Flowers
    Flowers in few-flowered axillary falsely racemose inflorescences
    Calyx
    Calyx 5-lobed, the upper pair oflobes united for just under half their length
    Corolla
    Corolla medium-sized; standard obovate, auriculate, but without appendages; wings oblanceolate; keel neither beaked nor incurved
    Stamens
    Vexillary stamen free; anthers ± uniform
    Pistil
    Ovary oblong, 3-ovuled; style tenuous and flattened below, bent and then cylindrical (but nowhere thickened) above, glabrous save where it merges into the ovary; stigma absolutely terminal, penicillate
    Fruits
    Pods oblong, bristly, septate
    Seeds
    Seeds oblong-reniform, granular; rim-aril little developed but a papery funicle-remnant persistent.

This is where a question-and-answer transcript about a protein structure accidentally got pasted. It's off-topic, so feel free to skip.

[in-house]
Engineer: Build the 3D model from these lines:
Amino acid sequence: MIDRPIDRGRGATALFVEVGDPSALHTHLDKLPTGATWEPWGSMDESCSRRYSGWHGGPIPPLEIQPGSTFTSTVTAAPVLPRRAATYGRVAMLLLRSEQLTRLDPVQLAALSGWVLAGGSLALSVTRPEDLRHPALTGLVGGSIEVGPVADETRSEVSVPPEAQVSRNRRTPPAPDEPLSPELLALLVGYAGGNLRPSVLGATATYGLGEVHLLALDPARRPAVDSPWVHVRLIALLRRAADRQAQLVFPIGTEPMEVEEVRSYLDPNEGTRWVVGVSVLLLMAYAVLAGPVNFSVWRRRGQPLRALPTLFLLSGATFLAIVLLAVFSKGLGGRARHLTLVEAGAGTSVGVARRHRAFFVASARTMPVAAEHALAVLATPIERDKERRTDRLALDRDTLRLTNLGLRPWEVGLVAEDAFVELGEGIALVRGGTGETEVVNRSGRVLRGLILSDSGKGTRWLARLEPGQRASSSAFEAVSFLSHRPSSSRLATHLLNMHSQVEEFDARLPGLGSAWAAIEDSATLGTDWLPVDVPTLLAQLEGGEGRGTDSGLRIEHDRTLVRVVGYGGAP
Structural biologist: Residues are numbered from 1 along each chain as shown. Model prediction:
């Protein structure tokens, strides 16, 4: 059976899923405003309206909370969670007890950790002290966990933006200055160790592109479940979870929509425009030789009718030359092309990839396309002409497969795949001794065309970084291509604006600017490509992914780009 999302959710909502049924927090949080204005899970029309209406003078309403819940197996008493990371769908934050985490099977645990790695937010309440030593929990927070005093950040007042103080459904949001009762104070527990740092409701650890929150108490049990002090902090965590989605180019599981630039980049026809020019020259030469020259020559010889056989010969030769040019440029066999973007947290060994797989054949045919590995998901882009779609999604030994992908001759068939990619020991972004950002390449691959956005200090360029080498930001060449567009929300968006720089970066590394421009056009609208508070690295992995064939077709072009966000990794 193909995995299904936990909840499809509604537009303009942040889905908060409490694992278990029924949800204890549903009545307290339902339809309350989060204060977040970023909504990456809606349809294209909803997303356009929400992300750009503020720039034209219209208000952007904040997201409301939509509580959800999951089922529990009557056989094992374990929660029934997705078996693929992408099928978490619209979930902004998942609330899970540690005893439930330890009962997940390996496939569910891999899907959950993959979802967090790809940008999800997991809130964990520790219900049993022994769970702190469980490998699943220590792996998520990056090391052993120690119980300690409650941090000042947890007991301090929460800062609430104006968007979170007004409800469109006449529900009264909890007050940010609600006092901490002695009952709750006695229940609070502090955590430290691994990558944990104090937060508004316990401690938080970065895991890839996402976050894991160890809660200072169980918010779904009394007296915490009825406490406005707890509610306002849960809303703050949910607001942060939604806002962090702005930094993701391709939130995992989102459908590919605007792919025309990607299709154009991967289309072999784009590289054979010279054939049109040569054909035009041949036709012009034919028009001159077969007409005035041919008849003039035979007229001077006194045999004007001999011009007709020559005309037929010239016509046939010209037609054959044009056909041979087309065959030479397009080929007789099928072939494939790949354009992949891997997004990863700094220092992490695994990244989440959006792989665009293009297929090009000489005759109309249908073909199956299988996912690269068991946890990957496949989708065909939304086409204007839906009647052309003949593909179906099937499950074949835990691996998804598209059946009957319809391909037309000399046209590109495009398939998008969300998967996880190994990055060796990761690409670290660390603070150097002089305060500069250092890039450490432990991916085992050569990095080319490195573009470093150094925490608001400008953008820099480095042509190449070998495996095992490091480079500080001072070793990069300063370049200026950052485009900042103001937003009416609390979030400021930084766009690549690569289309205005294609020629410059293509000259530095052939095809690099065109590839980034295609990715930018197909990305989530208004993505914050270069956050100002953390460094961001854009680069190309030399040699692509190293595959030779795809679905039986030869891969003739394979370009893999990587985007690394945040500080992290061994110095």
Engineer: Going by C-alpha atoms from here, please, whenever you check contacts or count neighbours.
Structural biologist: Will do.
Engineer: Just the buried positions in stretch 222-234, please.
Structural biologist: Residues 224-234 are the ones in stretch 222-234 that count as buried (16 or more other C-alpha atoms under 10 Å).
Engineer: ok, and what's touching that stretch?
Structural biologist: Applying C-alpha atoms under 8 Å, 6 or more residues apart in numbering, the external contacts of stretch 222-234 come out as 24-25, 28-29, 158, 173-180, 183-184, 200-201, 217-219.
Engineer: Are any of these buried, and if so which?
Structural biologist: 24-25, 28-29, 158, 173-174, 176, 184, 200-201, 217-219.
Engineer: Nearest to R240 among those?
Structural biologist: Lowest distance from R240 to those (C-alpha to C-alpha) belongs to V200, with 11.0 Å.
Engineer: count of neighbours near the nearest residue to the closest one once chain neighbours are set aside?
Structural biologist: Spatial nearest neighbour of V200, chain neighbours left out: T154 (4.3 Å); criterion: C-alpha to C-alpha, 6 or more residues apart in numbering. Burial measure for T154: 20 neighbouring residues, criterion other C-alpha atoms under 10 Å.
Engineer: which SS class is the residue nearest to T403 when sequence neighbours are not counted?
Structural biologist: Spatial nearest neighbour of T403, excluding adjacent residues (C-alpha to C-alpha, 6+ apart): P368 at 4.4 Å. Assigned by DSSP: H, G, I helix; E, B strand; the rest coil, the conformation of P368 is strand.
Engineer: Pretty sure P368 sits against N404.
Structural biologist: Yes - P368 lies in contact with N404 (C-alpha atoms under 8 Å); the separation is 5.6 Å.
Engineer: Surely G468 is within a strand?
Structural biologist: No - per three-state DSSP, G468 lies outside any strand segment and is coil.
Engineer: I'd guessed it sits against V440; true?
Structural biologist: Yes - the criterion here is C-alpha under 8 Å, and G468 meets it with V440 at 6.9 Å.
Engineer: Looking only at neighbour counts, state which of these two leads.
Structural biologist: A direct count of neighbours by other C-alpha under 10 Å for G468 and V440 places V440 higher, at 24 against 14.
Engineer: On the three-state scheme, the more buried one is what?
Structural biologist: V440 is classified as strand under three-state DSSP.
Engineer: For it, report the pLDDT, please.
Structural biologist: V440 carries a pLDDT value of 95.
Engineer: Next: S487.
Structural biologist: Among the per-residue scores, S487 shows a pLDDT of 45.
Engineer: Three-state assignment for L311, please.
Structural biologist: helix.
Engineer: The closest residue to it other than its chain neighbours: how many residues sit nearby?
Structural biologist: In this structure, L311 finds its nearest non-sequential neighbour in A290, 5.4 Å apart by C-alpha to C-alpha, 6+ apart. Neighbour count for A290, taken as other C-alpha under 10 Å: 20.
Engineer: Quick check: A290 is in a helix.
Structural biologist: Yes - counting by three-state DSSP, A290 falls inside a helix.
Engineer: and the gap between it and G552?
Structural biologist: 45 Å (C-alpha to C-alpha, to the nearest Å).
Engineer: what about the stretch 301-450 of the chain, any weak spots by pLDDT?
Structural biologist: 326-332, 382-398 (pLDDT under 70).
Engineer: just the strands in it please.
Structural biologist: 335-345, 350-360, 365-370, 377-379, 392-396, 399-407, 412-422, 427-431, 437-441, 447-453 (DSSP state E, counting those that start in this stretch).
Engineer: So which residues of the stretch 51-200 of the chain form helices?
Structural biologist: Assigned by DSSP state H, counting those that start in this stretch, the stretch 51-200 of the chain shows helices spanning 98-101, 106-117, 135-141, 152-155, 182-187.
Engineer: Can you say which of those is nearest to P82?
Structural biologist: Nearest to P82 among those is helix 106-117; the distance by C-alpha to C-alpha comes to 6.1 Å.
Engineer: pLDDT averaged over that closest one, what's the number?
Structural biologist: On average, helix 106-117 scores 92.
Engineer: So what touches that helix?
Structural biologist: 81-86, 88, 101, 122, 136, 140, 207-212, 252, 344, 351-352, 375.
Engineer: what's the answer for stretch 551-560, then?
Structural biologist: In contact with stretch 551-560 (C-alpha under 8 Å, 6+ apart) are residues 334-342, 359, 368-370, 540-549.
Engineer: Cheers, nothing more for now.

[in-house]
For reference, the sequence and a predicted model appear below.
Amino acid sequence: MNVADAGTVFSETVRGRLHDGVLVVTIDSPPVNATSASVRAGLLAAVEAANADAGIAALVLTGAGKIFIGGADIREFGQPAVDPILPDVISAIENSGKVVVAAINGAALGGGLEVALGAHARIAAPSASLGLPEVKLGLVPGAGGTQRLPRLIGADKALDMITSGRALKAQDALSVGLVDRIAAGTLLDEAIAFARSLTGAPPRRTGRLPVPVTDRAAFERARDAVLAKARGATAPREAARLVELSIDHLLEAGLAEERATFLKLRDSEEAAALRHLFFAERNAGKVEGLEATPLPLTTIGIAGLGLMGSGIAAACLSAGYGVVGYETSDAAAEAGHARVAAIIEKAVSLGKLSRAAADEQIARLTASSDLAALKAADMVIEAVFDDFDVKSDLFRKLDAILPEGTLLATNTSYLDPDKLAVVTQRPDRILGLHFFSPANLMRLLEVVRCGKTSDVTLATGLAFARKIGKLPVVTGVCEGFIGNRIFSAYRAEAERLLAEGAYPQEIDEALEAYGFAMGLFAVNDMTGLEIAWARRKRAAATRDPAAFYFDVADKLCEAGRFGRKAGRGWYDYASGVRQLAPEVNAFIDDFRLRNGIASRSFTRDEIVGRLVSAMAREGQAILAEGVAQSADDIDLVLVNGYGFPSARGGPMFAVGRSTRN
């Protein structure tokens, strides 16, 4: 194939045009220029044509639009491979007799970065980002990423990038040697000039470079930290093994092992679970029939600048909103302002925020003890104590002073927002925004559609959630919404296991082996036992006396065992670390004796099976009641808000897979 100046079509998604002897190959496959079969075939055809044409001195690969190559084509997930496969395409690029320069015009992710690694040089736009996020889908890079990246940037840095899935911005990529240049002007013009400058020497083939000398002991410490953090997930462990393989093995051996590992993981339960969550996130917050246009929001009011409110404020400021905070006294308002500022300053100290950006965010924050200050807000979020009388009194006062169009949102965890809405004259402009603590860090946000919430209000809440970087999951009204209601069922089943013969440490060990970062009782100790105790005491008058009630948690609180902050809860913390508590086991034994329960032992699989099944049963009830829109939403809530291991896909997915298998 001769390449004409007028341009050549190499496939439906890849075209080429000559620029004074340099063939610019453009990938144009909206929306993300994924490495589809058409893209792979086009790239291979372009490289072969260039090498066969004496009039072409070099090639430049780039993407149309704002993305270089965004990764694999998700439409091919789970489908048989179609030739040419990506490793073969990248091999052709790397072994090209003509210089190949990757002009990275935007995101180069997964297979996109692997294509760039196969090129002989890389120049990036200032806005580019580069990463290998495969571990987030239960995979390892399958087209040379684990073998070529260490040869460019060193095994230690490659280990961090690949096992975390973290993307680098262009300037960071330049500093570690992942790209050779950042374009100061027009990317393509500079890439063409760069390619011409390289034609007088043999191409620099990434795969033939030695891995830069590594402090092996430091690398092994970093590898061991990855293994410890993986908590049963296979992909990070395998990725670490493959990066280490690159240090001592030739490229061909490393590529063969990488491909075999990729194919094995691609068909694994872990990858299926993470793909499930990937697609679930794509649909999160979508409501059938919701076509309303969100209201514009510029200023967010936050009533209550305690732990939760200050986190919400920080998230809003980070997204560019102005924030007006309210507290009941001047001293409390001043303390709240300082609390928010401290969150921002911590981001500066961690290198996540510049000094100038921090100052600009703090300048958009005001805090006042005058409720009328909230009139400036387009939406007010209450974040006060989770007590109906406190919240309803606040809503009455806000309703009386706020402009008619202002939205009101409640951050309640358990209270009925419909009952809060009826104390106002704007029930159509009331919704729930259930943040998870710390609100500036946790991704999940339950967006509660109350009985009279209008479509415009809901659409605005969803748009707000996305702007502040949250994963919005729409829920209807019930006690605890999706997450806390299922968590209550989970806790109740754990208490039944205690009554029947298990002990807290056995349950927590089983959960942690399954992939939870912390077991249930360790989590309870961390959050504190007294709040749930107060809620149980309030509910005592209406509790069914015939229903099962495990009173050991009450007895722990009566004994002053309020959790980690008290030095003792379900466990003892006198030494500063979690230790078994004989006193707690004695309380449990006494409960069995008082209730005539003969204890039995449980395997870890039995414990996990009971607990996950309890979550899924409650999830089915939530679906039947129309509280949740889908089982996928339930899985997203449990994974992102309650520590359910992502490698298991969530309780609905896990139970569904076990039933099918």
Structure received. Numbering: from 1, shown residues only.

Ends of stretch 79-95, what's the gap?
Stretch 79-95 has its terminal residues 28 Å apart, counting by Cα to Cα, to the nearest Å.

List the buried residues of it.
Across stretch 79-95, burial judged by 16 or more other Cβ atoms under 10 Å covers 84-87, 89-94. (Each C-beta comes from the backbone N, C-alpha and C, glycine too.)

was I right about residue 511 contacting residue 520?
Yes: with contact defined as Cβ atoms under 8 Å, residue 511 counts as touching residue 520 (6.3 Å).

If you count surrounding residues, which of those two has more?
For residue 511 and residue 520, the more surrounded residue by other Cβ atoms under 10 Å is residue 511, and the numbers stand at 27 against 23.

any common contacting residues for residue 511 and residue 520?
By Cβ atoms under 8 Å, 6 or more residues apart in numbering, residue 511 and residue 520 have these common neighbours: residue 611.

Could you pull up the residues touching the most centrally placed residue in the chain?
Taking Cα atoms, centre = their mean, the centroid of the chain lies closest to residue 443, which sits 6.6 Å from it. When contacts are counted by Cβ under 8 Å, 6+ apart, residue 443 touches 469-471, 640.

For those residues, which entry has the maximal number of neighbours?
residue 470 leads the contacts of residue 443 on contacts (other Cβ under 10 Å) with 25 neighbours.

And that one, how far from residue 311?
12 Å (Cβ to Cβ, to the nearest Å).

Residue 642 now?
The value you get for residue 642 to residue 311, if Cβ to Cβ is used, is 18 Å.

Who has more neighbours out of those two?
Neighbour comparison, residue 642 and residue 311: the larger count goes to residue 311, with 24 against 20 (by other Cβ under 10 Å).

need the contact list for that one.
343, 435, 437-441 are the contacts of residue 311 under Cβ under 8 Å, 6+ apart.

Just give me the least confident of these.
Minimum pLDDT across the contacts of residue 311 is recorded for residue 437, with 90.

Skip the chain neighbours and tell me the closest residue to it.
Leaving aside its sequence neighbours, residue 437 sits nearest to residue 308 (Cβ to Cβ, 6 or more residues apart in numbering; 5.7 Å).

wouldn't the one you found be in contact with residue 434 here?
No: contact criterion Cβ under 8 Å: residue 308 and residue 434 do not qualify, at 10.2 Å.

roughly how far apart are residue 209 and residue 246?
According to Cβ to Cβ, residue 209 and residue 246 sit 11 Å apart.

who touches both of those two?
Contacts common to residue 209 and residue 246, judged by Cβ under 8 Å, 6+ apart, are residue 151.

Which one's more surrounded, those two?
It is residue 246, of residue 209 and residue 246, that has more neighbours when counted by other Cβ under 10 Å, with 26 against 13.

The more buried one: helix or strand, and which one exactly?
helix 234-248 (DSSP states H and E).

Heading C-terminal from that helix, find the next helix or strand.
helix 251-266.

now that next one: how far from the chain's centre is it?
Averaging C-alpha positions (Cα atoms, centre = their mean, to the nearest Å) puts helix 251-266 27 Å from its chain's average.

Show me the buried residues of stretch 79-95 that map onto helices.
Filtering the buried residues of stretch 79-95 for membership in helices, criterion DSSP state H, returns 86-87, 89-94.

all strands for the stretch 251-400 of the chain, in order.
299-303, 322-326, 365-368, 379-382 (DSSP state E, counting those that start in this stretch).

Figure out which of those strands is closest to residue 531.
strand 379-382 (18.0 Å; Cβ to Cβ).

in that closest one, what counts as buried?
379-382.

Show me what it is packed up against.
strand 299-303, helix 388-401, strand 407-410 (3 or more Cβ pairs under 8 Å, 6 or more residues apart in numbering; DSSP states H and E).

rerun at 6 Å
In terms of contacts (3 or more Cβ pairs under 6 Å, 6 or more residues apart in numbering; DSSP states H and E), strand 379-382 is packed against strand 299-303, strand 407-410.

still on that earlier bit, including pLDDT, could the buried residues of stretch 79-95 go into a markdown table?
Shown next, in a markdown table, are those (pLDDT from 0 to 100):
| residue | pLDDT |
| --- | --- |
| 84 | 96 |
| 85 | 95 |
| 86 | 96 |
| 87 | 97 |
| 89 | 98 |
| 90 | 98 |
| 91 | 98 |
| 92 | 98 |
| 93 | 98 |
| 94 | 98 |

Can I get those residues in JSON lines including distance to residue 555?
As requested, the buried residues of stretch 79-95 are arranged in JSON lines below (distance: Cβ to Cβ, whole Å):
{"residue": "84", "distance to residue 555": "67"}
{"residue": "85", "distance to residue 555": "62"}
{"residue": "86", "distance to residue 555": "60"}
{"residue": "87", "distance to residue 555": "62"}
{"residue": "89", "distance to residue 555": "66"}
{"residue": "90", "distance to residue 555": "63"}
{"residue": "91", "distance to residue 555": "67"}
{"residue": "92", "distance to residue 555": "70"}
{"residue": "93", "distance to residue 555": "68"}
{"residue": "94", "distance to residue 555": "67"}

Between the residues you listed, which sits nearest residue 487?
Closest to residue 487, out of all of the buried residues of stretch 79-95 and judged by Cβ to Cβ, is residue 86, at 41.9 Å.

[LOWO]

    Legumes of the World. Edited by G. Lewis, B. Schrire, B. MacKinder & M. Lock. Royal Botanic Gardens, Kew. (2005)

    Habit
    Herbs
    Ecology
    Seasonally dry tropics; the low altitude species occurs in grassland or low bushland, often in cultivated land or near swamps; the other is from forest, near rivers and in clearings, or in woodland or wooded grassland
    Distribution
    E and W Africa (P. argentea (Willd.) Verdc. is ± coastal in both E and W Africa)
    Note
    See comments on relationships under Pseudeminia